The detective style series focuses on the character of Dr. Cal Lightman (Tim Roth), a published psychologist who spent years studying the universality of human facial expressions in remote populations, before founding the Lightman Group, a private company of psychologists and deception experts. Like similar series in recent years, the science behind Lie To Me is purported to be genuine, but unlike those such as C.S.I., it has a unique element which helps support this claim.

Where C.S.I. creator Anthony E. Zuiker has stated that “all of the science is accurate and we have real C.S.I.’s on staff that help us write the scripts and make sure everything is executed perfectly“, Lie To Me credits Dr. Paul Ekman as its scientific consultant on microexpressions, the Facial Action Coding system, and the whole pallet of tools used by Lightman and co. More than just one of a crowd however, Ekman has studied human psychology, emotion and body language in places such as Papua New Guinea, co-authored a book on Emotional Awareness with the Dalai Lama, pioneered the science of “deception detection”, and is also the C.E.O. of The Paul Ekman Group.

As I’m sure you’ve spotted, the unique inclusion of Dr. Paul Ekman is somewhat of a double-edged sword. Although C.S.I., along with its host of generic but original characters, contains rather liberal doses of “fudging for dramatic purposes” , it is clear to see that even if only in terms of the scientific psychology and it’s application in Lie To Me, Lightman is Ekman.

Without wishing to pick on C.S.I., I have used it here as a comparison for several reasons, firstly, the fact that of all the recent scientifically inspired detective procedurals, it is easily the most popular, and most recognisable. Mainly however, it is because of what is commonly referred to as the “C.S.I Effect“, the idea that people’s watching of on-screen fictional (and often inaccurate) forensic science will affect their perceptions of real life forensic science. Something reported to have been seen particularly among jury members presiding over actual cases, and even criminals attempting to cover their own forensic tracks. So  if C.S.I. and it’s skewed (for lack of a better word) science can influence members of the public, what about the more closely guarded science of Lie To Me?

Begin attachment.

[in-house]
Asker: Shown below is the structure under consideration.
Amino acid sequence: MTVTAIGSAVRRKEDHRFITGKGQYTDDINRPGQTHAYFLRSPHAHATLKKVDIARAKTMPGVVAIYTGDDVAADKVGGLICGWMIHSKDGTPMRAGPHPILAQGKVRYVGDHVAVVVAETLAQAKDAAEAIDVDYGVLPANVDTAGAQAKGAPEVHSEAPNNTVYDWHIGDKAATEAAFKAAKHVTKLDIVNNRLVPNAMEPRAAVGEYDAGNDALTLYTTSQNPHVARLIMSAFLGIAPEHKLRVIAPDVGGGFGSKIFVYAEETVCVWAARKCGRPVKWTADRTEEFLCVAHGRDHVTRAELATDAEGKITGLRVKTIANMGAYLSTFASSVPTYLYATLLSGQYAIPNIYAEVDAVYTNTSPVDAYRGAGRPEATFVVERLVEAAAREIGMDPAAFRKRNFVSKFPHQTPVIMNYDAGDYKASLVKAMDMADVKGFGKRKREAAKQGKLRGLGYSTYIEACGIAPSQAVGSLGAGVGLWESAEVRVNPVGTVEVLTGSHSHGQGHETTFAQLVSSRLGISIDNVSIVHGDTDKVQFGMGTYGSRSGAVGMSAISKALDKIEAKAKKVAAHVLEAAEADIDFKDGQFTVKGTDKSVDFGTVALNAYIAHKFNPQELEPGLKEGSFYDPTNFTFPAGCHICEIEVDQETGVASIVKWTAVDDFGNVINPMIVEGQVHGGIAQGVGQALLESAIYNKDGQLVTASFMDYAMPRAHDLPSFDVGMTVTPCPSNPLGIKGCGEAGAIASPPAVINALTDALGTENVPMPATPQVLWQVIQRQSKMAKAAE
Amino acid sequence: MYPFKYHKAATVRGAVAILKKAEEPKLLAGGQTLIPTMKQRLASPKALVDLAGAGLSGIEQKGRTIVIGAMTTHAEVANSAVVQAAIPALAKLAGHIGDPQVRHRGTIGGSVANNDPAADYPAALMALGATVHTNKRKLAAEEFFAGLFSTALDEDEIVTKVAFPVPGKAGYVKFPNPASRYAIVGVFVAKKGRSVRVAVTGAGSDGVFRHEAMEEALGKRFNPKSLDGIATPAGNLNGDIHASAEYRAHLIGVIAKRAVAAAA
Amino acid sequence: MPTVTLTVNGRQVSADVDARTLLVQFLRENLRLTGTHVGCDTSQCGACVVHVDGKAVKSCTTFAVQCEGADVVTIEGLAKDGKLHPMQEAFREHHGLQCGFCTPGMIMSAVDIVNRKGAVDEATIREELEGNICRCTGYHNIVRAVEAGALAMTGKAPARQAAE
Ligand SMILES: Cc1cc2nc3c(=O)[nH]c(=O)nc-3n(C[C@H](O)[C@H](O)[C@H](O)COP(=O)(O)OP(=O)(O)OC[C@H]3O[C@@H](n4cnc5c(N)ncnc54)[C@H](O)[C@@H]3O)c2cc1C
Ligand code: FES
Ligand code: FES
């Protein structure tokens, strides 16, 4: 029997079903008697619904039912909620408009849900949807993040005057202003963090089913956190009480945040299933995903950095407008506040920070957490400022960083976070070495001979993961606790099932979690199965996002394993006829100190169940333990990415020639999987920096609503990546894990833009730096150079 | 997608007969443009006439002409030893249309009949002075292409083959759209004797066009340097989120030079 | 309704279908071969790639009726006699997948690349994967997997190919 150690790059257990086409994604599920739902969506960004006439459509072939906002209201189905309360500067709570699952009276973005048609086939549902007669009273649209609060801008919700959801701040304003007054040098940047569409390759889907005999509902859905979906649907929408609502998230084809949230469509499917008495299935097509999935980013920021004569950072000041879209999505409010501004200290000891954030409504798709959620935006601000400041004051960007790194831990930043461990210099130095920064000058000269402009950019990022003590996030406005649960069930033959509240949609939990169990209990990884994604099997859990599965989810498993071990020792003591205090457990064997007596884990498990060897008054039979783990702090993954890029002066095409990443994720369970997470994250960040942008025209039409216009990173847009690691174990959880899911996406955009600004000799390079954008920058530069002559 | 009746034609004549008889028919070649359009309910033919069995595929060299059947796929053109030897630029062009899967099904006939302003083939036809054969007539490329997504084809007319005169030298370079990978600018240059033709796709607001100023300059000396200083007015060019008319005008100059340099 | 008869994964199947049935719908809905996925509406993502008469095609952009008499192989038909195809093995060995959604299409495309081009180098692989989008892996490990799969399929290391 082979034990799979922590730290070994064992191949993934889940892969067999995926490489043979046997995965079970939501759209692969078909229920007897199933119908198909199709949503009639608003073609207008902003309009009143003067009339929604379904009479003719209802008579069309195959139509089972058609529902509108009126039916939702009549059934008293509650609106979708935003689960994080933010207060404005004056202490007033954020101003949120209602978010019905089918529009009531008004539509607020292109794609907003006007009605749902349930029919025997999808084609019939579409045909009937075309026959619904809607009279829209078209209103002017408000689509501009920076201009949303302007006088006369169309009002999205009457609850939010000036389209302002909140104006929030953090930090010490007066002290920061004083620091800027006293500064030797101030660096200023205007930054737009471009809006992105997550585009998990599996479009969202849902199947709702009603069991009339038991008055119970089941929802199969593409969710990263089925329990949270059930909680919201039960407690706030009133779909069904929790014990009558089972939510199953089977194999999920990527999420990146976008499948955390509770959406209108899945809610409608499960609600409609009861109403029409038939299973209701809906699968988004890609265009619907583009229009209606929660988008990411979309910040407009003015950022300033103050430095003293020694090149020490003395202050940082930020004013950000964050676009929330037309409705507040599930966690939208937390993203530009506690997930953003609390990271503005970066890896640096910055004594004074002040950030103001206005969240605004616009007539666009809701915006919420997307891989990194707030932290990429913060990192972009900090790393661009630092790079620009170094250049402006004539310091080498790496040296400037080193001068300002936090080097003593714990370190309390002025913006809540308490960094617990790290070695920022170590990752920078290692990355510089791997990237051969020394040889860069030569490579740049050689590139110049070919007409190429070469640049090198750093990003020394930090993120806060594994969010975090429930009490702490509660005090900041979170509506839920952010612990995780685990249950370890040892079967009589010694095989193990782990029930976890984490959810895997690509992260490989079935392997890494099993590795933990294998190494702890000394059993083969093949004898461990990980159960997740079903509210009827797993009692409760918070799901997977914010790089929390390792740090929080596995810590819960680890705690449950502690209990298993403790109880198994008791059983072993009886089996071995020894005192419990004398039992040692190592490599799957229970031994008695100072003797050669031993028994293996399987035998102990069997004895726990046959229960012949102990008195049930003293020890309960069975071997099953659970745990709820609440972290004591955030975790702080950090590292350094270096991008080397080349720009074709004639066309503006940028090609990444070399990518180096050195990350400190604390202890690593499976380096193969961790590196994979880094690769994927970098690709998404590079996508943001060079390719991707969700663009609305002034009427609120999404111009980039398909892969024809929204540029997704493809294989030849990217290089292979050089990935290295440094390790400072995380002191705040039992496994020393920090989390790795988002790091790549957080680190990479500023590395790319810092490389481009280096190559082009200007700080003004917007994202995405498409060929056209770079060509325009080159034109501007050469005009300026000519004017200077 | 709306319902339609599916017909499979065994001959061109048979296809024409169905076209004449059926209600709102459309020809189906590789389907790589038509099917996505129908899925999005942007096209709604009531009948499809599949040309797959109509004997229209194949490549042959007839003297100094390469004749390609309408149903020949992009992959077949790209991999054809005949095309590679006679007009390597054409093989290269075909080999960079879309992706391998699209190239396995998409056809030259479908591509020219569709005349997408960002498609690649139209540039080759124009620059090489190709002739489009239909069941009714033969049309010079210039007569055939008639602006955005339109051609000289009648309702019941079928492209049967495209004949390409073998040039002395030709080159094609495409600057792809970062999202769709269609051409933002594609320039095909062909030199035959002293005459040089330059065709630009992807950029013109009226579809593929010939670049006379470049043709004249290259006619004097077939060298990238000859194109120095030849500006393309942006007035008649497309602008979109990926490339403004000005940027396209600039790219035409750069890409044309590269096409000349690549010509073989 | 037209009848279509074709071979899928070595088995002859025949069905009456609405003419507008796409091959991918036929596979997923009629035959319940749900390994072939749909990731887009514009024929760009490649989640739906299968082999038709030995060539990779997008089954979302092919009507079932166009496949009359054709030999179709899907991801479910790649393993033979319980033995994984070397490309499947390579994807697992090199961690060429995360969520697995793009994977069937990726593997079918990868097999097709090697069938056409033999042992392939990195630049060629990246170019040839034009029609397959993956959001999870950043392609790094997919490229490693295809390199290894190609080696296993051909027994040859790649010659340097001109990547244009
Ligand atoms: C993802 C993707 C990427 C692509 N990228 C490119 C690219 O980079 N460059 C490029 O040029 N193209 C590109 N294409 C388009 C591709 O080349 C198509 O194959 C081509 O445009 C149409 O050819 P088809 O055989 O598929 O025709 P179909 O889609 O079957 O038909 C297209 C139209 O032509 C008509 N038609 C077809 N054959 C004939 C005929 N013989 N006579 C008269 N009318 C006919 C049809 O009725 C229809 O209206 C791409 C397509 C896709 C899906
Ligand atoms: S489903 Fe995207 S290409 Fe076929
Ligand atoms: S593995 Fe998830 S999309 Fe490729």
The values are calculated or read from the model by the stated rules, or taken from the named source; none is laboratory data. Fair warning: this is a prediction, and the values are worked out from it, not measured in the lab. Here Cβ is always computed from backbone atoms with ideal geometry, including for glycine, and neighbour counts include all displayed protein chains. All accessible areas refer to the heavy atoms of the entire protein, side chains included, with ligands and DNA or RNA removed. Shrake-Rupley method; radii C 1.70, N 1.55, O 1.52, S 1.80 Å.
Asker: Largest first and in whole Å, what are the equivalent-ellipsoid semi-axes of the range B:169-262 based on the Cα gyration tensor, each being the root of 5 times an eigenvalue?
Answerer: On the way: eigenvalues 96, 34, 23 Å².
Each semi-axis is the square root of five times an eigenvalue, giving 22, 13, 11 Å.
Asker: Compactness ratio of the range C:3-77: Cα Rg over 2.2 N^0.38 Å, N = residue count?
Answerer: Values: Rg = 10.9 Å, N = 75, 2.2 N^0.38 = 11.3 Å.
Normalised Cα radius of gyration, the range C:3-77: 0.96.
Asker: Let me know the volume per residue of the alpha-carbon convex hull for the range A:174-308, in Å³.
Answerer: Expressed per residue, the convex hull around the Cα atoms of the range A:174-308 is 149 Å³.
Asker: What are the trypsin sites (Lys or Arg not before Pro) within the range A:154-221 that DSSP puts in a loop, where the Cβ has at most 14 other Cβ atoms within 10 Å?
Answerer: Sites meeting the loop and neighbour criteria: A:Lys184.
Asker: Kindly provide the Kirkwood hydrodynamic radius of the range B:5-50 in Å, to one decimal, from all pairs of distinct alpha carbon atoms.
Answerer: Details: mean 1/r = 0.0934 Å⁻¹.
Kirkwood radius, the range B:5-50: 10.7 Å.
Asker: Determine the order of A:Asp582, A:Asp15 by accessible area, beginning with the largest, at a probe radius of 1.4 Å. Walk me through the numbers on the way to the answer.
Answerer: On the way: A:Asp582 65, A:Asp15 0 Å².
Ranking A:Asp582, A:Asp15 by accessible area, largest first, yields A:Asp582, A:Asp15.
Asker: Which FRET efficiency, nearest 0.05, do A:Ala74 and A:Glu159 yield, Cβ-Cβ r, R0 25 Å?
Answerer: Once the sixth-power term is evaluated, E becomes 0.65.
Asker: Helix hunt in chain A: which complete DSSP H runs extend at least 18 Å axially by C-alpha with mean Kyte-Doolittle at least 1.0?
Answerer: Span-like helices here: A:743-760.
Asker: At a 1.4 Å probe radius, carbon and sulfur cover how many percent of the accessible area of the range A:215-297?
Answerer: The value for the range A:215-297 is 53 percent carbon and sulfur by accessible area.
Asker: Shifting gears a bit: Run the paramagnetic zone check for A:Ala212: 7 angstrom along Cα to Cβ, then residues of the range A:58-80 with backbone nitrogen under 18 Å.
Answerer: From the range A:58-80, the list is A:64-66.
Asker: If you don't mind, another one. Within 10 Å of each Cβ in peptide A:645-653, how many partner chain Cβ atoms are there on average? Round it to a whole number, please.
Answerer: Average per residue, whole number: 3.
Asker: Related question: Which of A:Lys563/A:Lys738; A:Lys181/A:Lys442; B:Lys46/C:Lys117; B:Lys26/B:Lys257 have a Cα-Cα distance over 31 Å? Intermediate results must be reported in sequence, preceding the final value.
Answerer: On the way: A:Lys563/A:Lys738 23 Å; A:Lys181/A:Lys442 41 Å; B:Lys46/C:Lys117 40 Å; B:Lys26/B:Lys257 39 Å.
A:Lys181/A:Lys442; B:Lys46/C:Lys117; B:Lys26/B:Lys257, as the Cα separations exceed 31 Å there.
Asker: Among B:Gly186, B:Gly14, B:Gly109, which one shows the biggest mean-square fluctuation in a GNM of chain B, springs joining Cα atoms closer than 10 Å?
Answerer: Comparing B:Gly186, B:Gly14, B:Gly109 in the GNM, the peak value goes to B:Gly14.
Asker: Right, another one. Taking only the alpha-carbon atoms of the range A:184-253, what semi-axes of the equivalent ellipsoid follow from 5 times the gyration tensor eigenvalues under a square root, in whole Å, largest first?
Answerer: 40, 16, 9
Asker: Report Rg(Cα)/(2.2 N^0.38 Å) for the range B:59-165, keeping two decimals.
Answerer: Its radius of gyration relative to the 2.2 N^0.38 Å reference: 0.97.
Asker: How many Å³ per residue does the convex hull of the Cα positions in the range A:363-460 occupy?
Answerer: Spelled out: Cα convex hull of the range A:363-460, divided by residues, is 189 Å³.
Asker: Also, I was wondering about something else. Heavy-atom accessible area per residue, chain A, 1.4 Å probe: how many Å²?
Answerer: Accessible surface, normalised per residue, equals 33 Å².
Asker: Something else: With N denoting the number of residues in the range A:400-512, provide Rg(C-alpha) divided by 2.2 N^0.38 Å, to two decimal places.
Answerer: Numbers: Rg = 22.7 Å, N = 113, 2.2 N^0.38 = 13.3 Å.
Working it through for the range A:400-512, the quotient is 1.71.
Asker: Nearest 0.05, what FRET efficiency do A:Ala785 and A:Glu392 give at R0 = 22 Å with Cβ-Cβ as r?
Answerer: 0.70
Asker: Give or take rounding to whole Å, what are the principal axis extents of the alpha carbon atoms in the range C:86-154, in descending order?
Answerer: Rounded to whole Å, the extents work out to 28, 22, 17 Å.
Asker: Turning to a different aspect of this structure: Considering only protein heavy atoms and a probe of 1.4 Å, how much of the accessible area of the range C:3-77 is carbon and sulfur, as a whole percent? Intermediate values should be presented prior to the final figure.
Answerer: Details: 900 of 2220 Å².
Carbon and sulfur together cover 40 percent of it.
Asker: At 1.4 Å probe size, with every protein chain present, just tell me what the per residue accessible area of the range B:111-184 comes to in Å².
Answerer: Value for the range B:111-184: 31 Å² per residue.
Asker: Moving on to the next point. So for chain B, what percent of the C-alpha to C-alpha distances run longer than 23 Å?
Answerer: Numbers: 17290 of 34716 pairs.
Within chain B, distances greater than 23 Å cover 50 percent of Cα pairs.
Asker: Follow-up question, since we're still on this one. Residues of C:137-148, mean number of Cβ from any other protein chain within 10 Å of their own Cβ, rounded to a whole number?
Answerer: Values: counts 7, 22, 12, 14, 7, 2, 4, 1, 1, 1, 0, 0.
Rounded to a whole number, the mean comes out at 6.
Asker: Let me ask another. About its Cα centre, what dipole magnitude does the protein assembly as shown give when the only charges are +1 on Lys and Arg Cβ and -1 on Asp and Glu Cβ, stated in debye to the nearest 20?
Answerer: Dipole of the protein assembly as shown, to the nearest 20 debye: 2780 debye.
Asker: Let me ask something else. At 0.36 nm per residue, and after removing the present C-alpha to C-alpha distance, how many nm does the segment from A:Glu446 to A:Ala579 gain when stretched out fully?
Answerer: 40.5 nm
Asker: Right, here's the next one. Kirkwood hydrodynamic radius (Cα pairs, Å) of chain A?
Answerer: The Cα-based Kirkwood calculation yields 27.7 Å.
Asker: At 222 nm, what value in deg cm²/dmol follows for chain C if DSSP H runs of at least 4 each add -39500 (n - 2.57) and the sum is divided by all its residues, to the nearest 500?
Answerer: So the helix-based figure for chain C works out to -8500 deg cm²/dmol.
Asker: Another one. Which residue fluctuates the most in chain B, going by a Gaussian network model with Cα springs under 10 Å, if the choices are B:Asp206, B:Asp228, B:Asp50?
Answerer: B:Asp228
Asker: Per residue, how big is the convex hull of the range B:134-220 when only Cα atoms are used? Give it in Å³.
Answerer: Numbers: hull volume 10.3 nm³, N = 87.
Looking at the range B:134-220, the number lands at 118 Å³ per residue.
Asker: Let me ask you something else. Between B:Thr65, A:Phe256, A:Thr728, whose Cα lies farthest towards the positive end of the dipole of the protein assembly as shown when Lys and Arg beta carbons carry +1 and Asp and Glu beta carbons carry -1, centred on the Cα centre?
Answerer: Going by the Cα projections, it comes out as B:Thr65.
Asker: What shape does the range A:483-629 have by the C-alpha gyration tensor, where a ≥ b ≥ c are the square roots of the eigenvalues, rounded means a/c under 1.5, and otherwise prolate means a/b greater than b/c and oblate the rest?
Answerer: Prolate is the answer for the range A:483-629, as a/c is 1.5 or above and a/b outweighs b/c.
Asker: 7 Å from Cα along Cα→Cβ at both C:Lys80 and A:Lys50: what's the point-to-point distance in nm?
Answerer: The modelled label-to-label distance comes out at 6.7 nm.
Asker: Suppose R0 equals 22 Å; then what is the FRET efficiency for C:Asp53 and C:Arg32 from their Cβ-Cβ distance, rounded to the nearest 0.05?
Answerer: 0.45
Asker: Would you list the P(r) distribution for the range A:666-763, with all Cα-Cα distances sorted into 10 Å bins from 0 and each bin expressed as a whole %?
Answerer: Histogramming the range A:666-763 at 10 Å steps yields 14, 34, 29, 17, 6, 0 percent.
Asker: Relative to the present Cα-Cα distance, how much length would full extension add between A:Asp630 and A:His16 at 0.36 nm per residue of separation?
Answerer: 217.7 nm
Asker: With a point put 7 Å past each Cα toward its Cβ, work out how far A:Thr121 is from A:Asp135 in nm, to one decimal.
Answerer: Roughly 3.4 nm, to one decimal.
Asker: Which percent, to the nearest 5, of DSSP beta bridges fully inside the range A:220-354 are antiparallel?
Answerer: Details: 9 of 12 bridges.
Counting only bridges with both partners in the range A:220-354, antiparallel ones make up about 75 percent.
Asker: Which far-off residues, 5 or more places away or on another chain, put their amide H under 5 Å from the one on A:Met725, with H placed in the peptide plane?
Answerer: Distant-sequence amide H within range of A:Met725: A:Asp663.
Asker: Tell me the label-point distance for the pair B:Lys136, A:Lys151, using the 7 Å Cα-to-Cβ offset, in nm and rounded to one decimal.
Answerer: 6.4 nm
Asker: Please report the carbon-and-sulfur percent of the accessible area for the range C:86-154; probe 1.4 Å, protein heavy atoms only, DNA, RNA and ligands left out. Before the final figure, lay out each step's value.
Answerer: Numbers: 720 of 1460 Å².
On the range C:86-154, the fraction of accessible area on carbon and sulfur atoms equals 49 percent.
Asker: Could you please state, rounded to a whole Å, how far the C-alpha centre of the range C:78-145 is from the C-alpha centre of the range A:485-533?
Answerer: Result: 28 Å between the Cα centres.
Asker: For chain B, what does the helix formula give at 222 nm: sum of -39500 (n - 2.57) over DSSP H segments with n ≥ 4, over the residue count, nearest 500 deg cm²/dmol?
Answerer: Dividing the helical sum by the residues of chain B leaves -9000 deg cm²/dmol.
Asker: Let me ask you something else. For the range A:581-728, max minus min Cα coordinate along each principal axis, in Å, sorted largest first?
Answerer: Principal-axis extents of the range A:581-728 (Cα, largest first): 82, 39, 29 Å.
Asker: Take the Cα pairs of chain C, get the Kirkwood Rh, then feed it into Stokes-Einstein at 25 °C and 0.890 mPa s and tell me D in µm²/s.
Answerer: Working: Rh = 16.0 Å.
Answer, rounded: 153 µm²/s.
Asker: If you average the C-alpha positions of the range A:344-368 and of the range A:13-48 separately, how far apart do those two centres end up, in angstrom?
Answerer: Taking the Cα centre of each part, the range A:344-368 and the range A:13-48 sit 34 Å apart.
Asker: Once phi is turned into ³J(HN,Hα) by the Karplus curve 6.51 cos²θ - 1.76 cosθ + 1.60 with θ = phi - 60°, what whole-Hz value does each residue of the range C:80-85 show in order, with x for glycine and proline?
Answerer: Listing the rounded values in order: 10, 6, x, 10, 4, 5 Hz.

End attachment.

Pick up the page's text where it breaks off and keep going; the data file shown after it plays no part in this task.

Throughout it’s three seasons, the show not only depicts portrayals of microexpressions, facial expressions that are so-called because they are so quick and hard to spot, but those performed by the actors are often punctuated with still frames of those same expressions seen on the faces of politicians and other public figures under similar, often high pressure, situations (think Clinton and O.J.). Whilst these still frames are ostensibly another means to ‘show, not tell’ the emotion of characters, they also underpin the universality of microexpressions, and the science behind reading them. If, as the C.S.I. Effect claims, people take in and believe what they see on-screen, how much is Lie To Me teaching them about body language and deception detection? More importantly however, how much do people believe it is teaching them?

The disclaimer which accompanies every episode.
The disclaimer which accompanies every episode.

Although an interesting question, the consequences of any “Lie To Me Effect” are not likely to be talked about. More than those who disbelieve the C.S.I. Effect, Lie To Me was cancelled after only three seasons, and did not achieve the popularity heights enjoyed by C.S.I. With a smaller, audience, there is less of a chance that audience will contain members who have  be described as “gullible“, and even “incredibly stupid“. Something which also seems to fit the trend that the longevity of a show often (but not always) seems to be inversely proportional to it’s quality, but that’s a discussion for another post.

Each episode begins with a disclaimer, and through the DVD special features (admittedly  not available to a TV audience), Ekman and his team personally explain how, unlike their own, the science seen in the show is not immune to artistic license in order to tell entertaining stories. Despite this however, those same features also show footage of the Ekman group scrutinising the cast and crew interviews in the same way the Lightman Group scrutinise their own.

But if we were to consider an answer, what would become of people who believed themselves to be lie detectors, purely from watching a fictional TV show?

Whether their deductions were articulated or not, regardless of their accuracy, the effect would have far wider reaching consequences than the courtroom, criminal or otherwise. If viewers of C.S.I. really do go to extreme lengths to cover the tracks of their illegal activities, what lengths would they go to in order to cover their  incriminating microexpressions? Lie To Me shows us that through the subconscious nature of these quick as a flash  facial expressions, they cannot be faked in the manner of general expressions, and the only ways to avoid making them are either through taking muscle relaxants such as valium, and the use of botox, or cosmetic surgery.

It is through these factors that comes the main “warning” against trying to incorrectly , and perhaps the biggest difference between Ekman and Lightman. In many ways, Lightman is a true tragic hero. For all his boasting and flamboyance, he has an ability to read faces which he cannot switch off, but an inability to understand the people what he is seeing, leading to his wife leaving him for “someone who doesn’t study my eyebrows when I’m standing in a thong.”